Plumage provides camouflage in grasses

Red-rumped parrots can live from 15 to 32 years. PHOTO: LINDA ROBERTSON
Red-rumped parrots can live from 15 to 32 years. PHOTO: LINDA ROBERTSON
The red-rumped parrot was given the name Platycercus haematonotus by John Gould in 1838 who described the species from a specimen collected in New South Wales. Like the common name, the species name refers to the red rump.

Red-rumped parrots are slim, moderate-size parrots approximately 28cm in length.

Males are a bright emerald-green colour with yellow underparts, a brick-red rump and blue highlights on the wings and upper back. Females are much less vibrant, with pale olive underparts, dull green wings and back and blue-black wingtips. The defining red rump is only on the male.

In the wild in Australia, red-rumped parrots live in pairs or flocks in open country with access to water. They nest in the hollows of trees’ old stumps, even fence posts.

Their green plumage provides great camouflage and when in ankle-high grasses they can remain unseen until the viewer is only a short distance away. They spend a great deal of time feeding on the ground, and often call to one another with an attractive chee chillip chee chillip.

Red-rumped parrots do well in aviaries and cages, but don’t like to be in crowded spaces. They form strong social bonds and within the flock drama will often occur, but is resolved quickly.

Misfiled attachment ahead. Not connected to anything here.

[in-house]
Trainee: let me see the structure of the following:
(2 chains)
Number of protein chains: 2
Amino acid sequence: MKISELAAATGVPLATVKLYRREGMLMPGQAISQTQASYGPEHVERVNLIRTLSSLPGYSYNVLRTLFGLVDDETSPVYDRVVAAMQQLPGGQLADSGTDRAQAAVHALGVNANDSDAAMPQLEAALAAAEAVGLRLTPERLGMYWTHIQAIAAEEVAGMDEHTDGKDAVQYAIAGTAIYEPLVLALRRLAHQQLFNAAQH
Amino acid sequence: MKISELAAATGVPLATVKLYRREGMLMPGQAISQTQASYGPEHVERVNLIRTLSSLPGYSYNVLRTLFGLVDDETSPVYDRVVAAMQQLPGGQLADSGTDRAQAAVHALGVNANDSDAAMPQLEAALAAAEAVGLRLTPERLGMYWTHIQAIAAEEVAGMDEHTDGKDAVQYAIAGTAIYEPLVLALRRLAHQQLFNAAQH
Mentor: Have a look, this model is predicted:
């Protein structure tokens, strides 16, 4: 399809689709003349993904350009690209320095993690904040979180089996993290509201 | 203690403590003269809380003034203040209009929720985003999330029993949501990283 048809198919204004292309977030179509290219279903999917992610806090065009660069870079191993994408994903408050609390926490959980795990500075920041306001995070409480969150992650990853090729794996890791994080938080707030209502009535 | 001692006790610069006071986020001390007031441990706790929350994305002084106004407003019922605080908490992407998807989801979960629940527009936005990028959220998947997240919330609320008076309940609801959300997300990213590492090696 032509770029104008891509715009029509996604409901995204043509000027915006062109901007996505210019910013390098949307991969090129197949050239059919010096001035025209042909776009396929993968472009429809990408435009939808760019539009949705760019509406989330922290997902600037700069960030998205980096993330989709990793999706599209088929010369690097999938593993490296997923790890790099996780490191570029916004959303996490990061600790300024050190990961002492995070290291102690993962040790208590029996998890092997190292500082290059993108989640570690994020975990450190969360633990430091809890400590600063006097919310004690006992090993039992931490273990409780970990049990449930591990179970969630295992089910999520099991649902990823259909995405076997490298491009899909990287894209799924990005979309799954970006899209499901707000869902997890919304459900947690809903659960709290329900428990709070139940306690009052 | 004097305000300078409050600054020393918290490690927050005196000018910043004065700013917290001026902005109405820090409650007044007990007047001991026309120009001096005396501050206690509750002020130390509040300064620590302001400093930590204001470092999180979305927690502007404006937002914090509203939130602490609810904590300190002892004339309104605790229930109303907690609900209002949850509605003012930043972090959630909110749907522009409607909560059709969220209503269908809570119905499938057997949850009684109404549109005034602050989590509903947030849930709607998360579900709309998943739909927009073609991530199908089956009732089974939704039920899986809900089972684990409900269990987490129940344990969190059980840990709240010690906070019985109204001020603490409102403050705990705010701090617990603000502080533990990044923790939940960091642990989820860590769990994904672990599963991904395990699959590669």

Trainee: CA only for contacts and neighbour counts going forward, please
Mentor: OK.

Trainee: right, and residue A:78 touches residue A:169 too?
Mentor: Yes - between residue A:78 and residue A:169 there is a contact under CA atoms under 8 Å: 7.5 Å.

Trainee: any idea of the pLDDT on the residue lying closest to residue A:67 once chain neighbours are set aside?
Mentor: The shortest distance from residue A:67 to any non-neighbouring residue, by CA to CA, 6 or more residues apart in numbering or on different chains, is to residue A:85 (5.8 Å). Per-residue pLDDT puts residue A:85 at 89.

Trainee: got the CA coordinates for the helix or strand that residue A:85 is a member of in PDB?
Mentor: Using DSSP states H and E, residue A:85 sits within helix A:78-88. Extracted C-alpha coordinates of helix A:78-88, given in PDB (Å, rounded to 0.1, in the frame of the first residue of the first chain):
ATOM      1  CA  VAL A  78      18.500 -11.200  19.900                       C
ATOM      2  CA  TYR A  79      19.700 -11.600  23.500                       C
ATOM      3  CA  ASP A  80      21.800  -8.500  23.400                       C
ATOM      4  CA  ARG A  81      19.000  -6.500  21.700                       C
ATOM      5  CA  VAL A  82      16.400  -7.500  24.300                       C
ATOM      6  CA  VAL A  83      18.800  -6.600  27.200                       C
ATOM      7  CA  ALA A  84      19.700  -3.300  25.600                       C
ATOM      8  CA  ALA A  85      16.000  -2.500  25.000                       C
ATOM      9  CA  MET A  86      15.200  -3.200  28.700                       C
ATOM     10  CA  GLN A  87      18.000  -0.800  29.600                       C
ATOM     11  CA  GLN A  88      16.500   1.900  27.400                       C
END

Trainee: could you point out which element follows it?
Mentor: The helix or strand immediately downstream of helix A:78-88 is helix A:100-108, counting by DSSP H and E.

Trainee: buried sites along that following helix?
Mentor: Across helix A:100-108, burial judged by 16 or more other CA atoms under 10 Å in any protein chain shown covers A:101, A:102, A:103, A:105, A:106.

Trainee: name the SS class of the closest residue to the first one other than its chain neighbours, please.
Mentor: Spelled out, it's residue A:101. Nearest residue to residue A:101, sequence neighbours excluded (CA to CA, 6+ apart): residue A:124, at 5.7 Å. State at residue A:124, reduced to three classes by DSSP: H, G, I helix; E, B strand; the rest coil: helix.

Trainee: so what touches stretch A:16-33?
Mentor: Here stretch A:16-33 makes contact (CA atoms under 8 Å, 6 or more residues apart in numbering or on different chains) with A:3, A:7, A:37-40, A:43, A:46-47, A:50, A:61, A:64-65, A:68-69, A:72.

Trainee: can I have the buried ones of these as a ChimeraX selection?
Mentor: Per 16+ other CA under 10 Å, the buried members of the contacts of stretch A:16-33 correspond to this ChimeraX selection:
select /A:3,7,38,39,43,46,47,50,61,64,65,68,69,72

The birds at Dunedin Botanic Garden aviary have a few colour mutations which makes for a nice display. If properly cared for, these birds will live from 15 to 32 years.

Garden Life is produced by Dunedin Botanic Garden. For further information contact Alisha Sherriff.

Add a Comment

Our journalists are your neighbours

We are the South's eyes and ears in crucial council meetings, at court hearings, on the sidelines of sporting events and on the frontline of breaking news.

As our region faces uncharted waters in the wake of a global pandemic, Otago Daily Times continues to bring you local stories that matter.

We employ local journalists and photographers to tell your stories, as other outlets cut local coverage in favour of stories told out of Auckland, Wellington and Christchurch.

You can help us continue to bring you local news you can trust by becoming a supporter.

Become a Supporter